Product liability is when defective or dangerous products cause serious injury or even death. Thousands of people in the US are injured every year by these. Product Liability Law is different than other forms of injury law and can sometimes make it easier to recover damages. The manufacturer or seller of these products is held responsible or liable for distributing these dangerous products. In layman’s terms a product must live up to the ordinary expectations of a consumer or it does not meet the requirements of the law. Each state sets its own laws about product liability.
On May 1, 2009, the FDA recalled fourteen Hydroxycut products after reports of effects on consumers such as liver damage and failure, heart problems, muscle damage and in some cases kidney failure. The product liability here rests on the manufacturers and distributors. The manufacturers should have known that their product was unsafe and never should have distributed it in the first place. The manufacturers and distributors did not properly warn consumers of the drug’s dangers. The Hydroxycut company may be held liable for manufacturing defects or marketing defects in this case.
In such cases there is something known as ‘strict liability’. This means that the consumer does not need to show that the manufacturers or distributors were actually negligent. There are three guidelines that determine liability here. The first is that the product had an “unreasonably” dangerous product that caused injury. The second is that the product was used by the consumer in the way the packaging/instructions detailed. And the third rule is that the product had not been substantially changed from the condition it was meant to be sold in.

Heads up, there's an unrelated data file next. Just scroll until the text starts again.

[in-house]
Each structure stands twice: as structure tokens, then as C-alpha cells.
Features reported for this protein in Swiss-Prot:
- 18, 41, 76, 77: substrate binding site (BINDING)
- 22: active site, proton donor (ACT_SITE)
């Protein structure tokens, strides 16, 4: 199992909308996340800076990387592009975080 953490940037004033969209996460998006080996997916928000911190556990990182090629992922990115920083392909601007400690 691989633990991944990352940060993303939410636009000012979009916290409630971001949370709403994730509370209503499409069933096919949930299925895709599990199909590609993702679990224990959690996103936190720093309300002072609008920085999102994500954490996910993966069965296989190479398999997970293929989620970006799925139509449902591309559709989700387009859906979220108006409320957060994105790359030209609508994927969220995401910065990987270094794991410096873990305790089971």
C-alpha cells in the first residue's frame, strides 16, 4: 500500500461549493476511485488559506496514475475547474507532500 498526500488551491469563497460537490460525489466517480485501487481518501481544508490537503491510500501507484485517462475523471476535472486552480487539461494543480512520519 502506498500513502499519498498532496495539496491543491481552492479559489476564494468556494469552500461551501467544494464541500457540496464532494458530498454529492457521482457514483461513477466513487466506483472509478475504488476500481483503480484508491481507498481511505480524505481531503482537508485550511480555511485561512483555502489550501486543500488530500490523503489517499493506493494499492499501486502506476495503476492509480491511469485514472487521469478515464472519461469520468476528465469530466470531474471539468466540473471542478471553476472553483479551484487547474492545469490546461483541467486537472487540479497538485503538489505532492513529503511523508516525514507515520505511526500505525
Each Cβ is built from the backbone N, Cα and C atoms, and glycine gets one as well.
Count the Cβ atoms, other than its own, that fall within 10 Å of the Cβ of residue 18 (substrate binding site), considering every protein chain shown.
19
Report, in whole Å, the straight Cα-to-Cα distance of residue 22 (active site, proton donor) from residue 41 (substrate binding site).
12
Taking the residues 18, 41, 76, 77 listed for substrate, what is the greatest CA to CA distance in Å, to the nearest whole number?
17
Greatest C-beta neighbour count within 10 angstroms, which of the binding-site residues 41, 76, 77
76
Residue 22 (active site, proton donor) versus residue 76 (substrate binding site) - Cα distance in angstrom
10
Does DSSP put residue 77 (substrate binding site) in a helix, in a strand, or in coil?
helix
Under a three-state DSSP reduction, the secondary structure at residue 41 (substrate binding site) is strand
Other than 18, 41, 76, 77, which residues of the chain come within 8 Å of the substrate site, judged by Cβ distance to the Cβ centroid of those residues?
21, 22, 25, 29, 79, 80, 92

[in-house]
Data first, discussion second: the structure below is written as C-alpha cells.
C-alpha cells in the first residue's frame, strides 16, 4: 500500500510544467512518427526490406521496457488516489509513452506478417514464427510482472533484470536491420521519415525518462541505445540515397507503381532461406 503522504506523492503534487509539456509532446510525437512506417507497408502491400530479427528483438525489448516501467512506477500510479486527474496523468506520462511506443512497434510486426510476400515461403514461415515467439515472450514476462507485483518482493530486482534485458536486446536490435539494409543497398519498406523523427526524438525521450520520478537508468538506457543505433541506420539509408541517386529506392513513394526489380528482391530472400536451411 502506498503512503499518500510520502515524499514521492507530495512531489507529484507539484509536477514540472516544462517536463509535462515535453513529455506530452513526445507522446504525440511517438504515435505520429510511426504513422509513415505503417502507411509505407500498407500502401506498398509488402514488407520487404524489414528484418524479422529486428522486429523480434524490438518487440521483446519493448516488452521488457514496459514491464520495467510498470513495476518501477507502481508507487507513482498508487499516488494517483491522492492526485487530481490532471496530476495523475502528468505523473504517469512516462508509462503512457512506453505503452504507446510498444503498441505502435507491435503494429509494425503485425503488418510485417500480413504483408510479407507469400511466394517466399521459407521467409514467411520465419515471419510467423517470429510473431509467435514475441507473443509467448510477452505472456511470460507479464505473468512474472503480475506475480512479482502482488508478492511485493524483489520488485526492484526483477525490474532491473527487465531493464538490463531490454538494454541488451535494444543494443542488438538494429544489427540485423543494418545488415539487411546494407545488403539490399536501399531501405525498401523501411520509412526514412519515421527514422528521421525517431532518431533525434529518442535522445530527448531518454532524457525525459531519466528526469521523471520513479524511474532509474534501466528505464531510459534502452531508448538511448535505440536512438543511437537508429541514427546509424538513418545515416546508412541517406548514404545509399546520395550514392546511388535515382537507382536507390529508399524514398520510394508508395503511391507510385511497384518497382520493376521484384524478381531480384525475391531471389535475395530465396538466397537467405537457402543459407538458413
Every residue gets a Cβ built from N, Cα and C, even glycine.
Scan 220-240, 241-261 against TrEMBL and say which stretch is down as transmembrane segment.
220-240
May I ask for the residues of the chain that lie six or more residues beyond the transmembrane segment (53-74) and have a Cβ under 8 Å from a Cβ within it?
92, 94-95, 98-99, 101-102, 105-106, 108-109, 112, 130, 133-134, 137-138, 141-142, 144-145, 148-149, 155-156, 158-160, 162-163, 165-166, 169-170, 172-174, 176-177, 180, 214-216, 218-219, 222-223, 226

There are some common defenses to consumer claims by manufacturers and distributors. They may claim the consumer substantially altered the product after it was purchased and that it was this alteration that caused the injury. They may also say the consumer used the product for a long time without incident and knew about the defect but continued using it.
In Illinois a consumer may take up to two years after the injury occurred to file suit. Don’t wait that long. Strict Liability allows a consumer to file suit much more easily than with other personal injury suits. It’s also important to come forward and shed light with others on the product liability so others don’t experience the same thing.